Irish Independent, May 13, 2013
Enver Simsek was their first victim. On September 9, 2000, the Turkish immigrant and businessman was gunned down at one of the flower stalls he owned in Nuremberg, shot in the head eight times.
It was the start of an alleged killing spree by the far-right National Socialist Underground (NSU) that saw 10 people murdered between 2000 and 2007: eight men of Turkish origin, one of Greek descent and a German policewoman.
The case has left Germany reeling and has revealed not only severe failings on the part of the authorities but also a blind spot when it came to the threat posed by the extreme right. Continue reading
GlobalPost, October 20, 2012
BERLIN, Germany — A close ally of Chancellor Angela Merkel’s is under fierce pressure over claims she plagiarized her doctoral thesis more than 30 years ago.
Annette Schavan’s role as education minister, in which she oversees the country’s universities, makes the accusations especially damaging.
Opposition politicians have called on her to resign, saying her reputation is in tatters after the leaking of a report from the University of Duesseldorf appeared to back up the allegations.
“If the accusations prove correct, I have a hard time imagining how the minister in charge of science and research can credibly carry out her duties,” Green Party leader Claudia Roth said earlier this week.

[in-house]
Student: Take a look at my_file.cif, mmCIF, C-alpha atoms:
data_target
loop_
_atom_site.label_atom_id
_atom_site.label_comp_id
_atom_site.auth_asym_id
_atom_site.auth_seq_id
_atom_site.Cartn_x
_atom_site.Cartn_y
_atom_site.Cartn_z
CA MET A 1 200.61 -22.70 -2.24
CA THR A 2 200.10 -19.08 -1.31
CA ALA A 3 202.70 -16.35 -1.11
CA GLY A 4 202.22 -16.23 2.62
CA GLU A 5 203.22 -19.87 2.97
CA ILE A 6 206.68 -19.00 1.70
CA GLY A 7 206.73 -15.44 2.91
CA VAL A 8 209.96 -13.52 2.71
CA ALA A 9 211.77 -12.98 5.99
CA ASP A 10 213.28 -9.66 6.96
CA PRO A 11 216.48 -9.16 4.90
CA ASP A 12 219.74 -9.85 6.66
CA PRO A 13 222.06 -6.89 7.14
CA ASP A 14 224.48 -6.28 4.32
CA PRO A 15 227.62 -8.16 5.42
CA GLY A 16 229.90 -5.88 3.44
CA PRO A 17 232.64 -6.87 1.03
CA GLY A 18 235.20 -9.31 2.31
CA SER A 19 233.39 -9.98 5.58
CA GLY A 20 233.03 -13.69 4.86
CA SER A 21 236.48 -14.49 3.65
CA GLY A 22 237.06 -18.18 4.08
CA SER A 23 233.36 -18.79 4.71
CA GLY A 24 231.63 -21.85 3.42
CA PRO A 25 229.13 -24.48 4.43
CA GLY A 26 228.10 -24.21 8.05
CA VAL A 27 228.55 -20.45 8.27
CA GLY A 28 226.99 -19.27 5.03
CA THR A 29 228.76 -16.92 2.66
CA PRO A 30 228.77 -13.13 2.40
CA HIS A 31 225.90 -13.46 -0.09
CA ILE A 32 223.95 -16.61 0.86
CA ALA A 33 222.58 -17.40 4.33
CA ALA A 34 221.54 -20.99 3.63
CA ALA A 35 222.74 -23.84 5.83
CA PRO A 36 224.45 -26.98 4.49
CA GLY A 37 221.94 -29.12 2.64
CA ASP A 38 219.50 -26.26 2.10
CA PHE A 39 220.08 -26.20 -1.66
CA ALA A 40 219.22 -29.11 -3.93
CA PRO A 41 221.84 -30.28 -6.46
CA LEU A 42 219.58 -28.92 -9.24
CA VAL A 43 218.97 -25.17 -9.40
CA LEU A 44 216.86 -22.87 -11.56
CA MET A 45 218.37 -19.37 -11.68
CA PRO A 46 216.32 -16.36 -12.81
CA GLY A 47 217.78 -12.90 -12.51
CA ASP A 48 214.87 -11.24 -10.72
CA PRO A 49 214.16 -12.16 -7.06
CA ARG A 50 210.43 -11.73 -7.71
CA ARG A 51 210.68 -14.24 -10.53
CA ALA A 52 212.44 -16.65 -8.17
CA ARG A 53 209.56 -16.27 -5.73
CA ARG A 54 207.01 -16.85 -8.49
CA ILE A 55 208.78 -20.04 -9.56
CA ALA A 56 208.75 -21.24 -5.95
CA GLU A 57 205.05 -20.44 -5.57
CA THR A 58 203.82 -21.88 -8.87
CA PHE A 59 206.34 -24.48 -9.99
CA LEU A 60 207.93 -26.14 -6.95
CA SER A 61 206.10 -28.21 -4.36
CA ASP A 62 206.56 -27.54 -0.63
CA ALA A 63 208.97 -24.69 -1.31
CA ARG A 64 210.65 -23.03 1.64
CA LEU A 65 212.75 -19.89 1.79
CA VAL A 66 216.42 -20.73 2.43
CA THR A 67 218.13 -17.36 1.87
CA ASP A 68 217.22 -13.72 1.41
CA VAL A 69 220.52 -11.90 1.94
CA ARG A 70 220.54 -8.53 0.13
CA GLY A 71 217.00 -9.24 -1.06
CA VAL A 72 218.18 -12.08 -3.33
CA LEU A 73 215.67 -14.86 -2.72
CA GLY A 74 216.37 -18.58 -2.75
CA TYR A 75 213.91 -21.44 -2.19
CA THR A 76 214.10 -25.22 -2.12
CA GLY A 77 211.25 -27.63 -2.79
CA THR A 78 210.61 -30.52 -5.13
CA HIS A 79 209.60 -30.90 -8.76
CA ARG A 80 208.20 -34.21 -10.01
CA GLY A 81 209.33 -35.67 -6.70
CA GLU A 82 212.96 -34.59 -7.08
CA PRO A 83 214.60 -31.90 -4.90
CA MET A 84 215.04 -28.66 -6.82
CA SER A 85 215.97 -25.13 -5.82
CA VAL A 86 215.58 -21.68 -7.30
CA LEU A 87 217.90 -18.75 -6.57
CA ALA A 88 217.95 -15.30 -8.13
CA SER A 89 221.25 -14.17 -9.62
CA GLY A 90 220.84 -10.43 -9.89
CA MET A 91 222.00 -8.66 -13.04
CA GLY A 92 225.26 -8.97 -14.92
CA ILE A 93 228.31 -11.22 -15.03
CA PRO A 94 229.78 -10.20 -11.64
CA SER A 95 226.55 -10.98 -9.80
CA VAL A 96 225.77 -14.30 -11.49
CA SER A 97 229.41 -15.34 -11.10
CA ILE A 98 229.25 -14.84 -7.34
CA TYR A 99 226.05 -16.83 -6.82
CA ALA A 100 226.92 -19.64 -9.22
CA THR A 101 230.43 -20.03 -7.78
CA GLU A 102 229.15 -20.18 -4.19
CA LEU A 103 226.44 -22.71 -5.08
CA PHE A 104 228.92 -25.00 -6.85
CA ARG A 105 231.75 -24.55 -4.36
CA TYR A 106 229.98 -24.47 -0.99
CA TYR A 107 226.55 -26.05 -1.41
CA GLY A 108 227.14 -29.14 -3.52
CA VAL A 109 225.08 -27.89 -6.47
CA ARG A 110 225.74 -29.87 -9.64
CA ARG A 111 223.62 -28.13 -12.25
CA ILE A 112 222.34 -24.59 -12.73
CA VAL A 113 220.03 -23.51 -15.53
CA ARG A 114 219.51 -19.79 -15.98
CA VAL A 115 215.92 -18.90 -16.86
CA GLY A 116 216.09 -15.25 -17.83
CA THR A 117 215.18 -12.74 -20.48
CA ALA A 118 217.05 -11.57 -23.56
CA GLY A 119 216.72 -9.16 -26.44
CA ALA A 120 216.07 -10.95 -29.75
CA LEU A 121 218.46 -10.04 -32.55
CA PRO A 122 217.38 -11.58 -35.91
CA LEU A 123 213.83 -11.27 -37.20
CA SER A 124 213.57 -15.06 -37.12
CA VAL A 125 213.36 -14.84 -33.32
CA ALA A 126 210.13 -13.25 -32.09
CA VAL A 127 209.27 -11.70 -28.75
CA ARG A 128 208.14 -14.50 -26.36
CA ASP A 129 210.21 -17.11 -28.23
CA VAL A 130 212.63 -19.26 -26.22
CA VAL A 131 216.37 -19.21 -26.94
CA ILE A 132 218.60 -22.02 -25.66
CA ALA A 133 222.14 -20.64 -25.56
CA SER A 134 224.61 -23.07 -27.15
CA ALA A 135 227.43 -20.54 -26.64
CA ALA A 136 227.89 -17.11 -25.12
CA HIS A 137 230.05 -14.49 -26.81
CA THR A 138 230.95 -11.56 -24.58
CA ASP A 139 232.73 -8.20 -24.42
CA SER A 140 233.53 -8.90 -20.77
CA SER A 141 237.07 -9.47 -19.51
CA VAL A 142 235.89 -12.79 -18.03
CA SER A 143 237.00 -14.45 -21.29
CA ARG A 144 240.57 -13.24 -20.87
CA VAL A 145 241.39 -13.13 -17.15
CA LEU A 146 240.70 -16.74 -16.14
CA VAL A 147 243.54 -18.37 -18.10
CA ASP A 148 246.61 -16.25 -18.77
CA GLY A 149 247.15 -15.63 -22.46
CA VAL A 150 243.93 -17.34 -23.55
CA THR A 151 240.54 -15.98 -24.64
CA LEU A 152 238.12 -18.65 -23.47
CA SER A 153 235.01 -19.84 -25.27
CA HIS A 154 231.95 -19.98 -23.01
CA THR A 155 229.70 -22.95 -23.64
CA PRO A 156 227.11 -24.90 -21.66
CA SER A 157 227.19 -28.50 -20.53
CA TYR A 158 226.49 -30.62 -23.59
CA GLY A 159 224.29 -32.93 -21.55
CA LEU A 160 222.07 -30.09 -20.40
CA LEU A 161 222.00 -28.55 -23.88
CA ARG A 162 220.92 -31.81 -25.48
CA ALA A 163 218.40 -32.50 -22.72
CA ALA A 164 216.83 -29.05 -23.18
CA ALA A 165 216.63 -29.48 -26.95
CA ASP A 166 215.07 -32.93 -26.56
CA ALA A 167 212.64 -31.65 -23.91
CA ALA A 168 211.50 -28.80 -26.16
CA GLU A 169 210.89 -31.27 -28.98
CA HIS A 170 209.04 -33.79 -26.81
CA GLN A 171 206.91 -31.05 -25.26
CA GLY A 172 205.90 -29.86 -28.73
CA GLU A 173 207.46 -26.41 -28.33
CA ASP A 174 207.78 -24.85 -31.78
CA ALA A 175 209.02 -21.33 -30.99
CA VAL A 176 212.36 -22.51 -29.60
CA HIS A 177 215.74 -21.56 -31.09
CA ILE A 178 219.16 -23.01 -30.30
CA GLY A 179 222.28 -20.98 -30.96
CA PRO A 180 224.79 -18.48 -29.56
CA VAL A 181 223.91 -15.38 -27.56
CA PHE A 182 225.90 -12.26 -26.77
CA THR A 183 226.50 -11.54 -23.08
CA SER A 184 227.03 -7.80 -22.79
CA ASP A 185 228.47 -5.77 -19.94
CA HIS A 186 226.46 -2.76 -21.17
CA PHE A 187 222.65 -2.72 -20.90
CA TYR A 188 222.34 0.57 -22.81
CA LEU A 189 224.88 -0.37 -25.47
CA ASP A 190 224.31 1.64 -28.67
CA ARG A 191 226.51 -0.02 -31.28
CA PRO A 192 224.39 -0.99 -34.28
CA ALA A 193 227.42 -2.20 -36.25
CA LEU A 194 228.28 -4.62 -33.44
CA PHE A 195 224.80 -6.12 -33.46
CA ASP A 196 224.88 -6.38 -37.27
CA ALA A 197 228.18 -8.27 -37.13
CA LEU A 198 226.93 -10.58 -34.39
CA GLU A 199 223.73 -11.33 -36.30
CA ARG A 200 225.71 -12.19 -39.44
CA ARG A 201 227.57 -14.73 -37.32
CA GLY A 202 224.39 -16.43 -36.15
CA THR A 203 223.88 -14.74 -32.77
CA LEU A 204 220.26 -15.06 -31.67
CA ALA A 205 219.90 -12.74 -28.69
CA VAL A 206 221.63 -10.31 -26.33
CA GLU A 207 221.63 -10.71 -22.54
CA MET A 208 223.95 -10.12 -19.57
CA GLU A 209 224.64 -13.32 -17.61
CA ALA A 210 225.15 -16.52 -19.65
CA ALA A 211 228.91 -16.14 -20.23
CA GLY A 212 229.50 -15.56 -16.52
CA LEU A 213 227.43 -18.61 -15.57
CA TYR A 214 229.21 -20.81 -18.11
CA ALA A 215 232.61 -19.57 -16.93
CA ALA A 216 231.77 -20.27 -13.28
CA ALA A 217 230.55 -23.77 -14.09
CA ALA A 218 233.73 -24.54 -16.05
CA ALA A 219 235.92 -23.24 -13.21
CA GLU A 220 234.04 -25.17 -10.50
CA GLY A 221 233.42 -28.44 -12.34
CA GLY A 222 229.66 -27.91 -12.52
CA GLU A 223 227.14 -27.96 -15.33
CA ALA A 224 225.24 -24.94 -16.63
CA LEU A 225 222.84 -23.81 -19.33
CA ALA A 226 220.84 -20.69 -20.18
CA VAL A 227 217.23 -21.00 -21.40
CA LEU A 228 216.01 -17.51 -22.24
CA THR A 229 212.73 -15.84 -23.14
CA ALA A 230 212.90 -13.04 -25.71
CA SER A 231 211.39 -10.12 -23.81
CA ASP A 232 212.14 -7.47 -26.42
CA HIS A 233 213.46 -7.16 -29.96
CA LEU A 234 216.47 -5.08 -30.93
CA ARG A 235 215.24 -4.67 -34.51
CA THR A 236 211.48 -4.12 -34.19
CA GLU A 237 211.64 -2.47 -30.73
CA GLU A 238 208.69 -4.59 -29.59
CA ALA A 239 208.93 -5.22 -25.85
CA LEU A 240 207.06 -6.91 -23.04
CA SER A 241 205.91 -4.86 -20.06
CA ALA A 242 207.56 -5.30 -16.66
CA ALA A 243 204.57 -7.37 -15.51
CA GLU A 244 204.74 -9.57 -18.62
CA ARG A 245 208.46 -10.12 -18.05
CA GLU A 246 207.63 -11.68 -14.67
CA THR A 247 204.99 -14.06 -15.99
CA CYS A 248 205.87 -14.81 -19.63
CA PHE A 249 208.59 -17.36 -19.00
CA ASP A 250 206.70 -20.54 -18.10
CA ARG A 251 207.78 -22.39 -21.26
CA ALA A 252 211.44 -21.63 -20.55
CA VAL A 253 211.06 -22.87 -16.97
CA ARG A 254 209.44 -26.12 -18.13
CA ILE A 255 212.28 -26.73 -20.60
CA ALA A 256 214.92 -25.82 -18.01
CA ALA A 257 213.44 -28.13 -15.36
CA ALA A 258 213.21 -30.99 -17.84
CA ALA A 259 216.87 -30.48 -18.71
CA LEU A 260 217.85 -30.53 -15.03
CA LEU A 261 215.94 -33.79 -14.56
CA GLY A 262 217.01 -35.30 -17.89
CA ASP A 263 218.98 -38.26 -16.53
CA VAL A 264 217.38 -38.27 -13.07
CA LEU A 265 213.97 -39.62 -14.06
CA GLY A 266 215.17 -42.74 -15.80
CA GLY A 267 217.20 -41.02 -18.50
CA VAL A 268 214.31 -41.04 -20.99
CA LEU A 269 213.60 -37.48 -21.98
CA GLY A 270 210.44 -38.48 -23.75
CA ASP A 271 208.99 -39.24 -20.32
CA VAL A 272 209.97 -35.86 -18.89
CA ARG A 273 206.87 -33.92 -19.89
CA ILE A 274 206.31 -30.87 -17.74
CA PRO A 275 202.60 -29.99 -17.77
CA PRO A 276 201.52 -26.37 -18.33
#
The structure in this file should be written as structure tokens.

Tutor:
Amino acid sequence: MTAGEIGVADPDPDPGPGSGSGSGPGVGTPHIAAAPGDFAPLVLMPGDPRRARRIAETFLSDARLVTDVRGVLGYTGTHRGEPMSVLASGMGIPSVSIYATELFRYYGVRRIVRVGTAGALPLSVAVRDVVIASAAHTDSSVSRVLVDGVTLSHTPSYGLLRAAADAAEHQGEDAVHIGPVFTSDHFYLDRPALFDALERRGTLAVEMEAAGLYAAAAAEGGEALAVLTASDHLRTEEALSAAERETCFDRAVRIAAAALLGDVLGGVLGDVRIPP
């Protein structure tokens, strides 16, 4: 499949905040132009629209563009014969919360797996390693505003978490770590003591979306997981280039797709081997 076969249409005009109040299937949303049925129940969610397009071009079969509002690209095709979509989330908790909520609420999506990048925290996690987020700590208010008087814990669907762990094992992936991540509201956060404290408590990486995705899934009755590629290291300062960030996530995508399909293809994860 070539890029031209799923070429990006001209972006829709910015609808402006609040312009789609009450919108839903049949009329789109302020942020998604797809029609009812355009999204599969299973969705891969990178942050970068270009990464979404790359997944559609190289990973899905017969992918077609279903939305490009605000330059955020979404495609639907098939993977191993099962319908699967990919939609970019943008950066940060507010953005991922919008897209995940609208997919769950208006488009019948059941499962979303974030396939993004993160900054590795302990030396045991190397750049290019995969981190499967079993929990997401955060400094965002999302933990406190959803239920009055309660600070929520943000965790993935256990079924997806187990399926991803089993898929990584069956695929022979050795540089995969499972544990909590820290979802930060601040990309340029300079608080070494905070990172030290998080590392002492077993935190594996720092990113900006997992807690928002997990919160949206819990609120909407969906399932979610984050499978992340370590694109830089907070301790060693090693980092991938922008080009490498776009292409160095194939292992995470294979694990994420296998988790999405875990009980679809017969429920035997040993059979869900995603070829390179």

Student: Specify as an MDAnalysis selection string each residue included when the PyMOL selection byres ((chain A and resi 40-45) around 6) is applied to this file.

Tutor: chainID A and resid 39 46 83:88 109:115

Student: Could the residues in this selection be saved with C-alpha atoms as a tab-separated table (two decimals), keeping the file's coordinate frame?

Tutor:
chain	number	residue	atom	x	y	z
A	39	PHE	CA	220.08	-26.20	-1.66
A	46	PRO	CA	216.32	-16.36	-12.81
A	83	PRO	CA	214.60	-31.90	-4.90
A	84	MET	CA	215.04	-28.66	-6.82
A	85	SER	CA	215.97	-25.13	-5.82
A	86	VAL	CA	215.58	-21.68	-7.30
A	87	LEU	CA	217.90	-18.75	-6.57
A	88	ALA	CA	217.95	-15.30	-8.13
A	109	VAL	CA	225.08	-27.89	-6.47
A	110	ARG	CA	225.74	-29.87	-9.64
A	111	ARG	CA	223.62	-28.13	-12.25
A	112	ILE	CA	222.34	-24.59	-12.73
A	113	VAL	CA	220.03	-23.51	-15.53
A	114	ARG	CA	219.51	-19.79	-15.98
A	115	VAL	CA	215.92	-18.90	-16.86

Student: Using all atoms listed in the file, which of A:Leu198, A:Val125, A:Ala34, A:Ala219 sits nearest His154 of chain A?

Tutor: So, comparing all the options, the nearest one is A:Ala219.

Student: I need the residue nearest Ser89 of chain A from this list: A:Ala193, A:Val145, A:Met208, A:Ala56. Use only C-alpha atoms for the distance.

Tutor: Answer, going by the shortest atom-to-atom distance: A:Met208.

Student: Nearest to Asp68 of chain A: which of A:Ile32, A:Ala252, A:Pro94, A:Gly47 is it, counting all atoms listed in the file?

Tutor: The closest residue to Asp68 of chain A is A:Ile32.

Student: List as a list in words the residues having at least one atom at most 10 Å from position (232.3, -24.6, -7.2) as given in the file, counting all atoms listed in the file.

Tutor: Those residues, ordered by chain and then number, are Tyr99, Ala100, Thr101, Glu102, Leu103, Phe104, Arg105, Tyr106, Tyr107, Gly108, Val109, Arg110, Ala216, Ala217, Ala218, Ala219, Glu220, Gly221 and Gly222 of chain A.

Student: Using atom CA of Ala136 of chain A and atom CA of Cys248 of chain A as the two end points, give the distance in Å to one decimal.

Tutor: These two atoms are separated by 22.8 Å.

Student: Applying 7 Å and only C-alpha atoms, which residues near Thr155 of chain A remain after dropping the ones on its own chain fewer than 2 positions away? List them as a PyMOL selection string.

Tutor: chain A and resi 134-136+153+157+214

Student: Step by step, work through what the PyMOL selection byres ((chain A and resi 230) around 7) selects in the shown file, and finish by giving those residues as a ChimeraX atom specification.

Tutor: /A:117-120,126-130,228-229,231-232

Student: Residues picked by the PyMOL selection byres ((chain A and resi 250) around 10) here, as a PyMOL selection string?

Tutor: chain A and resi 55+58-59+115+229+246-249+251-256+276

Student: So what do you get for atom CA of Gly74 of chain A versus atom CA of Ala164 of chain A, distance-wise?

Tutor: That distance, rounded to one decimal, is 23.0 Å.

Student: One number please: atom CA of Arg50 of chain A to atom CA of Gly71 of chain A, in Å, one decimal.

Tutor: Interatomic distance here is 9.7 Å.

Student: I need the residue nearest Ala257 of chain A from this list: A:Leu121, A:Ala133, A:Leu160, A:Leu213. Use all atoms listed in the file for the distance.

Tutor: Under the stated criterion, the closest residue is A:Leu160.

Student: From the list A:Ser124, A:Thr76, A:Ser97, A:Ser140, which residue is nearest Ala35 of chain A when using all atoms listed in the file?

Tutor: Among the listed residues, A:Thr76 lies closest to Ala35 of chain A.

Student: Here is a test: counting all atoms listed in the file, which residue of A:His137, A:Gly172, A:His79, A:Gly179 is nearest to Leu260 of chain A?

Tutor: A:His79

Der Spiegel magazine reported that the university’s examination of Schavan’s thesis recommended stripping her of her PhD. But the university hasn’t made clear when it would make a decision, putting her in a difficult position for the foreseeable future. Continue reading
GlobalPost, October 19, 2012
BERLIN, Germany — When the collapse of Lehman Brothers threatened to set off a global depression in 2008, Peer Steinbrueck stood shoulder to shoulder with Chancellor Angela Merkel to steer his country through the financial crisis.
The economy performed remarkably well. Although its growth is slowing, Germany’s boom helped make Merkel hugely popular.
Now the former finance minister who was once her right-hand man has a new challenge: to unseat Merkel in an election next year.
Although he faces a tough campaign, he may have a shot. Even though the chancellor’s approval ratings remain high, the complexities of Germany’s political system mean there’s no guarantee she’ll be able to form a government in 2013.
A member of the Social Democratic Party (SPD) who was granted his ministerial post as part of a grand coalition with Merkel’s Christian Democratic Union (CDU), Steinbrueck has since emerged as someone who can pose Merkel a serious threat.